Should I breed from my bitch?
Deciding whether or not to breed from a pet can be really hard; and it’s very easy to talk yourself into doing something that you later regret…! So in this blog, we’ll look at some of the things you have to consider when breeding from a pet bitch...
Are her genes good enough to preserve?
Just because a dog is a fantastic pet, with a great character and temperament, it doesn’t necessarily follow that she’s good breeding material. Remember too, that there are thousands of homeless dogs in rescue centres - you should have a good reason for adding to the numbers of dogs in the world.
Now, that doesn’t mean you shouldn’t breed from her - but you need to be certain that you’re adding something special to the canine gene pool. For example, it’s usually unwise to breed a crossbred dog, unless there’s something in particular you want to preserve - this is because you can have no idea how the puppies will turn out! I’ll also point out that, for the purposes of genetics, “breeds” like Jackpoos or Labradoodles are crossbreds - they cannot breed true. Pure-breed dogs have very limited genetic variability, meaning that the offspring are likely to be physically, as well as genetically, similar to the parents; this is not necessarily true of crossbreds, because of a genetic phenomenon known as masked recessive genes.
If your bitch has or has had any potentially heritable diseases (like an undershot jaw, entropion - turned in eyelids - or a cruciate ligament injury), then you don’t want to breed from her. You should also never breed a dog without a good hip- and elbow score; and you might also consider getting DNA tests done for other genetic conditions known in the breed - give us a ring and we’ll be able to advise you on what tests are available. Sadly there are too many dogs from substandard bloodlines being produced, especially when the breed is in fashion, resulting in serious health and welfare problems in future generations.
Is she medically a good candidate for breeding?
In other words, is she physiologically and medically fit to be mated and bear a litter? The first thing to consider is her age - as a rule of thumb, dogs start their seasons in their second year of life; however, this is really variable - especially between breeds, as giant breed dogs are much slower to reach maturity than small breeds are. Generally speaking, however, it is never wise to breed a bitch for the first time under 1 year of age and over 7. For most dogs, however, 2 years of age is the safe minimum. If you’re considering breeding a young or older bitch, give us a ring and we’ll be able to advise you.
The next question is whether she has any medical conditions that would make it difficult, or impossible, to bear a litter successfully. For this, you’ll need to bring her in - make an appointment to see one of our vets for a pre-breeding check. Conditions that may impair her breeding ability include pelvis injuries, hormone imbalances like Cushing’s Disease, and many more, so let us make sure she’s in tip-top condition!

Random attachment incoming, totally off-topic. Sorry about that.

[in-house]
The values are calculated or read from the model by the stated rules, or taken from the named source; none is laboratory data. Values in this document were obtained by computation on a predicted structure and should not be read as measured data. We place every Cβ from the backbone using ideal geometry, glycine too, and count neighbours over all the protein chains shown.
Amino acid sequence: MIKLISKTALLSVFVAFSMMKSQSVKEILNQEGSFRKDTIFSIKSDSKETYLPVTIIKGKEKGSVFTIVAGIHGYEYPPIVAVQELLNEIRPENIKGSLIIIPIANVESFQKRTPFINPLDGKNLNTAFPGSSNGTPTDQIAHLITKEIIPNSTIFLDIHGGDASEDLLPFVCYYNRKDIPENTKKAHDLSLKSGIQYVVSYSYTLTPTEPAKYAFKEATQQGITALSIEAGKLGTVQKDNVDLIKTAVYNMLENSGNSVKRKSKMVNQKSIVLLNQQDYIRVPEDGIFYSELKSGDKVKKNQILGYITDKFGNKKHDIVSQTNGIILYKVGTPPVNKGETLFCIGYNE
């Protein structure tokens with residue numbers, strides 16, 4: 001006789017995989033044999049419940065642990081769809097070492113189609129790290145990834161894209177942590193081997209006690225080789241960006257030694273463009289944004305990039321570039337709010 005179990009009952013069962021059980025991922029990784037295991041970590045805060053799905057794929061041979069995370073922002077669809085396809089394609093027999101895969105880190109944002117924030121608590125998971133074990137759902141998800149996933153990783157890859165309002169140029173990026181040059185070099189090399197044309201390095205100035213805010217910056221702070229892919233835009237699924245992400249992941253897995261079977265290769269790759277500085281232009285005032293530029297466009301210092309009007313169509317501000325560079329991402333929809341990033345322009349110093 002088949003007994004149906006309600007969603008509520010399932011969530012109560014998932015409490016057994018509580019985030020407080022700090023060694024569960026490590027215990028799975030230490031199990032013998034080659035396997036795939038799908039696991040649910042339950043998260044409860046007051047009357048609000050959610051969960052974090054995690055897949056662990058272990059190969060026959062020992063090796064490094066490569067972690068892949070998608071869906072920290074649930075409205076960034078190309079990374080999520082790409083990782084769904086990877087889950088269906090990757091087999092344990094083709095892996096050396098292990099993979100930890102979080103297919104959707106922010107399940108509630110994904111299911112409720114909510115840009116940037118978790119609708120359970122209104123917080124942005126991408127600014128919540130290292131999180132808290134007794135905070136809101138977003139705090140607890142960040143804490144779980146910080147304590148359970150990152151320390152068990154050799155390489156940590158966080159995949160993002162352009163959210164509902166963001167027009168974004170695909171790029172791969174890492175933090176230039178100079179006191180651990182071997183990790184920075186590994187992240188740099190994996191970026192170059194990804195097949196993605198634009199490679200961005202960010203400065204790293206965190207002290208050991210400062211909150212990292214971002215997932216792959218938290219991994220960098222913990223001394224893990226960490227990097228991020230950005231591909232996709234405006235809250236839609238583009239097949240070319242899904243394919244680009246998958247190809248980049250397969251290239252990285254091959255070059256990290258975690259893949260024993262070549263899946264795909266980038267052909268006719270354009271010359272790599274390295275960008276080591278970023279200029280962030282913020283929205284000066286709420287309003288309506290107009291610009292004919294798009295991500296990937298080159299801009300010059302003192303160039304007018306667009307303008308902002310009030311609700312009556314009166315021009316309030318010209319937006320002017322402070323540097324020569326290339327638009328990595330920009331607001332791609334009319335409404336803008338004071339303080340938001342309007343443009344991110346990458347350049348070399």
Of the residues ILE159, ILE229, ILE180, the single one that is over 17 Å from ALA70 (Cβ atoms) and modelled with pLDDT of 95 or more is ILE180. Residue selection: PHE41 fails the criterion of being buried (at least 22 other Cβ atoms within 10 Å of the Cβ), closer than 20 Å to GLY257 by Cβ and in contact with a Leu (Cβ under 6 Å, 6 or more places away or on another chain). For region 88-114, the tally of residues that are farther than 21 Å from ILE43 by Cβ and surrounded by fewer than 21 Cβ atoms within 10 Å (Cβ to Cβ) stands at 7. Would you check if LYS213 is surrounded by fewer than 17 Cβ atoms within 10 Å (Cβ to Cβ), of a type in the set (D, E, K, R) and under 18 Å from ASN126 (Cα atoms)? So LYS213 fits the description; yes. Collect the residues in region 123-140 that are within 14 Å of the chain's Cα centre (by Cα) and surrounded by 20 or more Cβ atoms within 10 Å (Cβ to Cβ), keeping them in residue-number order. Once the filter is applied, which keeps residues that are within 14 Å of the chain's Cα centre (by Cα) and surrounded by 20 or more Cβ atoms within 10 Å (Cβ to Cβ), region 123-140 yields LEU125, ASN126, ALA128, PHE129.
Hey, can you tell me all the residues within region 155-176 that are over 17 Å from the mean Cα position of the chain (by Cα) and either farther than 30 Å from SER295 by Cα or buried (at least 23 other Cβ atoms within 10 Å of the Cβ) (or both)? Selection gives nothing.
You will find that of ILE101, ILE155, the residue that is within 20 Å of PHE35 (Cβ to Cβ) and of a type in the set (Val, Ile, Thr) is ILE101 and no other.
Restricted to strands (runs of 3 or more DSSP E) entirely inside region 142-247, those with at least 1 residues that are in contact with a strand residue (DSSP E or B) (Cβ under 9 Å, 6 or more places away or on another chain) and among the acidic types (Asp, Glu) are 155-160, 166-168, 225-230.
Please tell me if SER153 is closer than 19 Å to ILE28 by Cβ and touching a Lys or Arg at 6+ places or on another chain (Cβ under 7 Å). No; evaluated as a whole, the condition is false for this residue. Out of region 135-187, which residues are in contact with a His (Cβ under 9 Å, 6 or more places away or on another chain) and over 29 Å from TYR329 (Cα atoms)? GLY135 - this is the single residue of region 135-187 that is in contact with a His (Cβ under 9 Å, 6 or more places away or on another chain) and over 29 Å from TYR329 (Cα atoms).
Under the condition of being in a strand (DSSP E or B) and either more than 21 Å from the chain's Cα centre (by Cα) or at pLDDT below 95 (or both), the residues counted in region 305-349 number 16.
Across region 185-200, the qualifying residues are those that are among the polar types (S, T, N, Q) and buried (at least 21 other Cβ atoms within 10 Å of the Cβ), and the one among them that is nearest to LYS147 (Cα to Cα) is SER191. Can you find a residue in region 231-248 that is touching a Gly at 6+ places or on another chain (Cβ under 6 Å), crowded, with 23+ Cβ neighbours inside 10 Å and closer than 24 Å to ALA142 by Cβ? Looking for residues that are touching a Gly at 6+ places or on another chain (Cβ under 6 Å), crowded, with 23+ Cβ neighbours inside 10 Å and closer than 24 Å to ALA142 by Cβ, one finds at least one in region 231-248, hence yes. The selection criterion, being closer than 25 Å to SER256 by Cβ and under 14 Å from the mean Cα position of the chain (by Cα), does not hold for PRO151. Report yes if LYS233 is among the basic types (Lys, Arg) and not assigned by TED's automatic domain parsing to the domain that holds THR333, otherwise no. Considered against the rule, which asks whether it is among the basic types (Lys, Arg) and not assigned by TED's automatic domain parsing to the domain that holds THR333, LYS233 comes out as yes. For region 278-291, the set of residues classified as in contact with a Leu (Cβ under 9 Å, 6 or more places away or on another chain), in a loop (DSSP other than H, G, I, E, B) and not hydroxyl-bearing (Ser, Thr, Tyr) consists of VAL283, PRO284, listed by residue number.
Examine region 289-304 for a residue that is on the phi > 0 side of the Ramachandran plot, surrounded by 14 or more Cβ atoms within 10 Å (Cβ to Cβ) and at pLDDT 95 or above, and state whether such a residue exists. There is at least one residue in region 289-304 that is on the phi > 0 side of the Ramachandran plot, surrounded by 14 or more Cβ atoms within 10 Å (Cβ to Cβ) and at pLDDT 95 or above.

Can you take care of her while pregnant and whelping?
Pregnancy itself is pretty easy for most bitches - however, whelping can be very hard on them. You need to know what danger signs to look out for, when to call us, and when it’s an emergency. You also need to budget for pregnancy scans and a contingency fund to cover a caesarean operation if whelping goes badly.
Are you legally covered?
There is a specific law covering breeding bitches - the Breeding and Sale of Dogs (Welfare) Act 1999; this means that you need a license to breed from a bitch if you are producing 5 or more litters per year on the premises, or if the local authority suspects that you are breeding for commercial gain. If in doubt, contact your local Environmental Health Office for advice (strangely, they’re the people responsible for enforcing the Act!).
What will you do with the puppies?
A bitch may produce up to 12 (or even more!) puppies in a single litter (although this is rare). You need to be able to care for them, get them vaccinated and microchipped, and then find good loving homes for them all. Can you do that?
Will the benefits outweigh the potential costs?
Successfully breeding and rearing a litter of puppies is incredibly satisfying; however, it is also expensive and occasionally heartwrenching. You need to be ready for that - and don’t assume you’ll necessarily make the money back when you sell the puppies!